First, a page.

Successful Morning Drop Off
Drops offs can be difficult for both the child and the parent particularly if the child is reluctant to transition in the morning to school. Young children are very reluctant to change and same days may be more difficult than others. With a few tips and techniques and by working with your child’s teacher, anxiety during morning drop off can be alleviated.
1) Communicate with your child’s teacher – Your child’s teacher is an excellent resource. Please communicate with her regarding your child’s morning after drop off and for the rest of the day.
2) Be consistent – From a young age, your child will benefit from the same drop off routine day-to-day. When the child knows what to expect, he or she will be less anxious about the process. Develop and stick to a set routine.
3) Don’t sneak out on your child – Leaving without saying “goodbye” will undermine your child’s trust. Open the classroom door for your child and allow her/him to walk in unassisted. A quick hug and kiss at the door makes departure clear but quick and the child will understand it as a part of the morning ritual.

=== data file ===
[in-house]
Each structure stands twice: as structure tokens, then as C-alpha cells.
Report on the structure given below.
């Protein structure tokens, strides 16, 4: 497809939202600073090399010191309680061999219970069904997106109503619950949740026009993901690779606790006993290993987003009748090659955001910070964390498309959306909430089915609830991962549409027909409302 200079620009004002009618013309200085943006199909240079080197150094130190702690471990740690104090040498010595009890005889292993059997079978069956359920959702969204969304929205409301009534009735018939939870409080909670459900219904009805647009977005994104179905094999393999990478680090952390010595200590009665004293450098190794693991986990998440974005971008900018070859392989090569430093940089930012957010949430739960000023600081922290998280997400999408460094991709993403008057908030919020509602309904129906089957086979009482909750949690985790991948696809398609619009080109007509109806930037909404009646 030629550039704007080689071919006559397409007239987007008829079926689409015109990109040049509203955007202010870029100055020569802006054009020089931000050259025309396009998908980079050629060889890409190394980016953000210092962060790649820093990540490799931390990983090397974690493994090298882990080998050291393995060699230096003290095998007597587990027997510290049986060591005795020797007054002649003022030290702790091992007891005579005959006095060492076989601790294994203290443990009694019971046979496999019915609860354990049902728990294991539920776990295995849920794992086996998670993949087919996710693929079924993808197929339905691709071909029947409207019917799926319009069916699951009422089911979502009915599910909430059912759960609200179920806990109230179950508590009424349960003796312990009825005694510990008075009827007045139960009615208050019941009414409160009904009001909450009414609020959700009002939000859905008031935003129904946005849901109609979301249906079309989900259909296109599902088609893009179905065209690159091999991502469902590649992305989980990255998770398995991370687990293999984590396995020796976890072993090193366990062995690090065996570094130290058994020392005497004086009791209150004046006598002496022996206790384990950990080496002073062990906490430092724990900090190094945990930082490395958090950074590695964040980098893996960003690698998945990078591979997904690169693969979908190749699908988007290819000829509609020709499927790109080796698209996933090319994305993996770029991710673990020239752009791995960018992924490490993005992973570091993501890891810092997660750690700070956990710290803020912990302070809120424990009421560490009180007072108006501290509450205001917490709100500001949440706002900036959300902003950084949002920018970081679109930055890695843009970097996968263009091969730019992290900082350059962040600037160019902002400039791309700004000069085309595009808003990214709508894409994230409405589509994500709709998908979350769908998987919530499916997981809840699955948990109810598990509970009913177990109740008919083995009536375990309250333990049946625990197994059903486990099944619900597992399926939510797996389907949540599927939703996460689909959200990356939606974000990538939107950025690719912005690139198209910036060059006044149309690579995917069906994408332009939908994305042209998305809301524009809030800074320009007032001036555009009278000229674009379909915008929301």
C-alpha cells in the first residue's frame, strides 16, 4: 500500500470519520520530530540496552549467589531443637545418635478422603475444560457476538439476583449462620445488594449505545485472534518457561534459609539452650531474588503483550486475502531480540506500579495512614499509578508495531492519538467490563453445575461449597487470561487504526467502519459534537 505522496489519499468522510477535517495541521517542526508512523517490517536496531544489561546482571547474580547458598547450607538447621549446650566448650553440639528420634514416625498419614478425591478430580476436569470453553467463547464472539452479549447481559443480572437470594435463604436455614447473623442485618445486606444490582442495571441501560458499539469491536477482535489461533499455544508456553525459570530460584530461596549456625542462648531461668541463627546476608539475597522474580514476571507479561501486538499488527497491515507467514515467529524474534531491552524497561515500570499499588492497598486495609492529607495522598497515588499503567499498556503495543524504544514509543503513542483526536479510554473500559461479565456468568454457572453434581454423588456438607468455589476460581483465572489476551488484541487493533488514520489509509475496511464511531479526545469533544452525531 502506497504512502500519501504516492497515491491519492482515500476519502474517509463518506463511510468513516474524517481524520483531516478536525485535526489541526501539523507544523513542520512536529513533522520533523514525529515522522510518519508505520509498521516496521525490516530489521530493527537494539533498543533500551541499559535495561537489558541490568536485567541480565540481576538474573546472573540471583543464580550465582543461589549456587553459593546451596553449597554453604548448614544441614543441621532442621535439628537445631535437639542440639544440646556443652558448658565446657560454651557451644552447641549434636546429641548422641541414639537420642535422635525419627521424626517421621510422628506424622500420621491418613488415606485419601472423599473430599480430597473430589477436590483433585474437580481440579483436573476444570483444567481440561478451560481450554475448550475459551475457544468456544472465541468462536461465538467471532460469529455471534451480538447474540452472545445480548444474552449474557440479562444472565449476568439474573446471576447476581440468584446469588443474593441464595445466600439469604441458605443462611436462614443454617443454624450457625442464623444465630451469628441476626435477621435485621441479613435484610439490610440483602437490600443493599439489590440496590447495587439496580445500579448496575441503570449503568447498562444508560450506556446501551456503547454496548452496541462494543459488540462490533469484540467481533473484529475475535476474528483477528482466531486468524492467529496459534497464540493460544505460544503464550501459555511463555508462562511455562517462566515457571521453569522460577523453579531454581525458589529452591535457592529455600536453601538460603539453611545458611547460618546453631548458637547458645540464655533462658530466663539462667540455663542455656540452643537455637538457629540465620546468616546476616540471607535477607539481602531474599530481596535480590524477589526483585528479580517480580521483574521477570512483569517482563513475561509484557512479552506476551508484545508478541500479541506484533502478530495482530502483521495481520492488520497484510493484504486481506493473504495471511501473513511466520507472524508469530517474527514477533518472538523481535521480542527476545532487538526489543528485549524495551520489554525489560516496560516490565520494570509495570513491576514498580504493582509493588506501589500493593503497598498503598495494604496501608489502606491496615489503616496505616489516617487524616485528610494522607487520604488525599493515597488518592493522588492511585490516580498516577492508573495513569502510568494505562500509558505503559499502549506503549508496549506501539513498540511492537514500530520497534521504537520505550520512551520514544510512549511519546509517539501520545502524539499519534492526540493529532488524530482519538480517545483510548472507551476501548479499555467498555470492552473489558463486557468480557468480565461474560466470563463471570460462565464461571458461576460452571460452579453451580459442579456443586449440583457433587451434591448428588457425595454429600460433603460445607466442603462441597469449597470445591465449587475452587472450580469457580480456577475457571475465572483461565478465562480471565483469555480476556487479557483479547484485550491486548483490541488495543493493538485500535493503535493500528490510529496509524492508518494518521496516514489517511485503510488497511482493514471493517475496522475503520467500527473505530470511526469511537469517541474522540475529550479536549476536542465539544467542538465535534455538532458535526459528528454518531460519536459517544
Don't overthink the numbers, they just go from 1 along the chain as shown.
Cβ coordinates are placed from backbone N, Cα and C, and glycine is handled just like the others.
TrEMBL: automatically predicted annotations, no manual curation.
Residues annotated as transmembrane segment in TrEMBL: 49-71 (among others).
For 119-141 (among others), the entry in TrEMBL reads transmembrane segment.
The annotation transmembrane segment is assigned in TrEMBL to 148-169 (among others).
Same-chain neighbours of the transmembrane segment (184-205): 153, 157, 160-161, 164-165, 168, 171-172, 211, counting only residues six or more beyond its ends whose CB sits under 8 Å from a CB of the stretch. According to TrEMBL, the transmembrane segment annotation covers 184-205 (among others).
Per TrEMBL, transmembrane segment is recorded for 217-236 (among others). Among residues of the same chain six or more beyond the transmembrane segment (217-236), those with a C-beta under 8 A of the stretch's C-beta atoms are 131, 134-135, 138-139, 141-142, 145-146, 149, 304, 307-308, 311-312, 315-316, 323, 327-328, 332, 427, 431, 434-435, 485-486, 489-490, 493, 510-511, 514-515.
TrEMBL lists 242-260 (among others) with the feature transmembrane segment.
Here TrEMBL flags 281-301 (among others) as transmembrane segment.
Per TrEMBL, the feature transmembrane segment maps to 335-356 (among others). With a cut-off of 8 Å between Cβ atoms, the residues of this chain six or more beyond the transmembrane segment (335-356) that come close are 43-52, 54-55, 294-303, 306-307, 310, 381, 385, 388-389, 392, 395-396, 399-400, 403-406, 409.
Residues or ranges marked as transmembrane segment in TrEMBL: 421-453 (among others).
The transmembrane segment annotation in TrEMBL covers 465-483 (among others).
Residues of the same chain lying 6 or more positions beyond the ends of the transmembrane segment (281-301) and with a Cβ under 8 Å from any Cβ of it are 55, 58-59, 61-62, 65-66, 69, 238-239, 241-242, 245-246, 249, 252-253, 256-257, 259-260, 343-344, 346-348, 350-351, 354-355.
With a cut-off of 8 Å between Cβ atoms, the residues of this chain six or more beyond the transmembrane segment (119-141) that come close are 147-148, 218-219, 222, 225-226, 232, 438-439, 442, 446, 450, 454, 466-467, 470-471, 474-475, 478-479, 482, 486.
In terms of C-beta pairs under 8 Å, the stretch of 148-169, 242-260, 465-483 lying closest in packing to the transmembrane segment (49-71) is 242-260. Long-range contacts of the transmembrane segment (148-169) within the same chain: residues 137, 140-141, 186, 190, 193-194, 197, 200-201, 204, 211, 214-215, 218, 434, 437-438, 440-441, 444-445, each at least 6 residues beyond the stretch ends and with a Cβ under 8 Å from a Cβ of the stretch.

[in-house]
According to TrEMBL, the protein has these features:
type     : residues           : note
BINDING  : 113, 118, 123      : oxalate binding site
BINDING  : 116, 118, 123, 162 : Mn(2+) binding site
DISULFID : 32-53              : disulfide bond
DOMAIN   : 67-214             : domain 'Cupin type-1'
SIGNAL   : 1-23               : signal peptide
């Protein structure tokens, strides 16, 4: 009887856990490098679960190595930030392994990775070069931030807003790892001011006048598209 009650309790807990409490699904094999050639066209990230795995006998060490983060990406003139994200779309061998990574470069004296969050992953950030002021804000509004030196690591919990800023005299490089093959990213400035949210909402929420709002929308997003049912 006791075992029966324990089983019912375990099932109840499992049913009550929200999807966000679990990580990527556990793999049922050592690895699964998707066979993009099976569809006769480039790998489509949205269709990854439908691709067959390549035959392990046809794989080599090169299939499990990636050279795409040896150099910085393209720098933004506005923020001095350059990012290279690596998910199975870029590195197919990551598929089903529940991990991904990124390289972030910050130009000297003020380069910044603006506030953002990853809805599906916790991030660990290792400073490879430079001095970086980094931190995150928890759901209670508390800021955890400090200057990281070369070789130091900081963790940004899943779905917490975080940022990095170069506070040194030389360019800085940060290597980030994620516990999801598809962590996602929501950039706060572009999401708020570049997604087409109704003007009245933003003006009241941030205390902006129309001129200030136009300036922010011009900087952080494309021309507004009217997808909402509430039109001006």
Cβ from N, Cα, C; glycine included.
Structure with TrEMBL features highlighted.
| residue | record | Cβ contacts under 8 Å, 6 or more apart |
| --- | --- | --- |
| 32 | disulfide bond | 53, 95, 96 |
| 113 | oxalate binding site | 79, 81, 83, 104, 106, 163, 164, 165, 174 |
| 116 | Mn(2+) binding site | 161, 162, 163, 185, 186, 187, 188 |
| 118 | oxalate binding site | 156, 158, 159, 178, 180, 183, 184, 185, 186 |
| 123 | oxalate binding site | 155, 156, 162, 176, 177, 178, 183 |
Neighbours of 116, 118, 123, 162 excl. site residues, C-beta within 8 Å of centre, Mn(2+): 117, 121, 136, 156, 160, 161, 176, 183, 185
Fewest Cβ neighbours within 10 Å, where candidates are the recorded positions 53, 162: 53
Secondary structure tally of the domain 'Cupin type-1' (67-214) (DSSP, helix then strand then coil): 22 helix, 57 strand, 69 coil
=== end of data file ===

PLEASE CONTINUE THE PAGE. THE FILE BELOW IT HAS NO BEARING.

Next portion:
4) Don’t insist on a goodbye – After you say “goodbye” (at the door) to your child, please leave in a timely manner. Many parents make the mistake of waiting too long after saying “good bye” in order to wait for a response. Some children will respond and others will not. However, if the parent lingers too long inside or outside the classroom, it can confuse the child as s/he doesn’t understand if the parent is really leaving.
5) Prepare your child for the drop off – As you approach the school each morning, prep your child for what is about to happen. Take a few minutes to describe your set routine. Knowing what is coming next will go a long way toward making your child feel comfortable.
6) Walk with your child into the building – If your child can walk encourage your child to walk into the school and classroom. The physical separation makes it much easier for the child.
7) Include your child in the process – Children feel empowered when they are included and have some control over their environment and what happens to them. Give your child set tasks to complete upon entering the classroom. Your child can help hang up her coat, or put extra clothes into her cubby. The more included she feels in the process, the more comfortable she will be.
8) Be positive – Drop offs can be just as hard, if not harder, on parents. It is extremely difficult to leave your child when you feel he is sad, or upset. Remember that your child takes his cues from you. If he can sense that you are anxious, chances are he will be anxious too. However, if you are happy and excited about going to school, then your positive outlook will rub off on your child, too.
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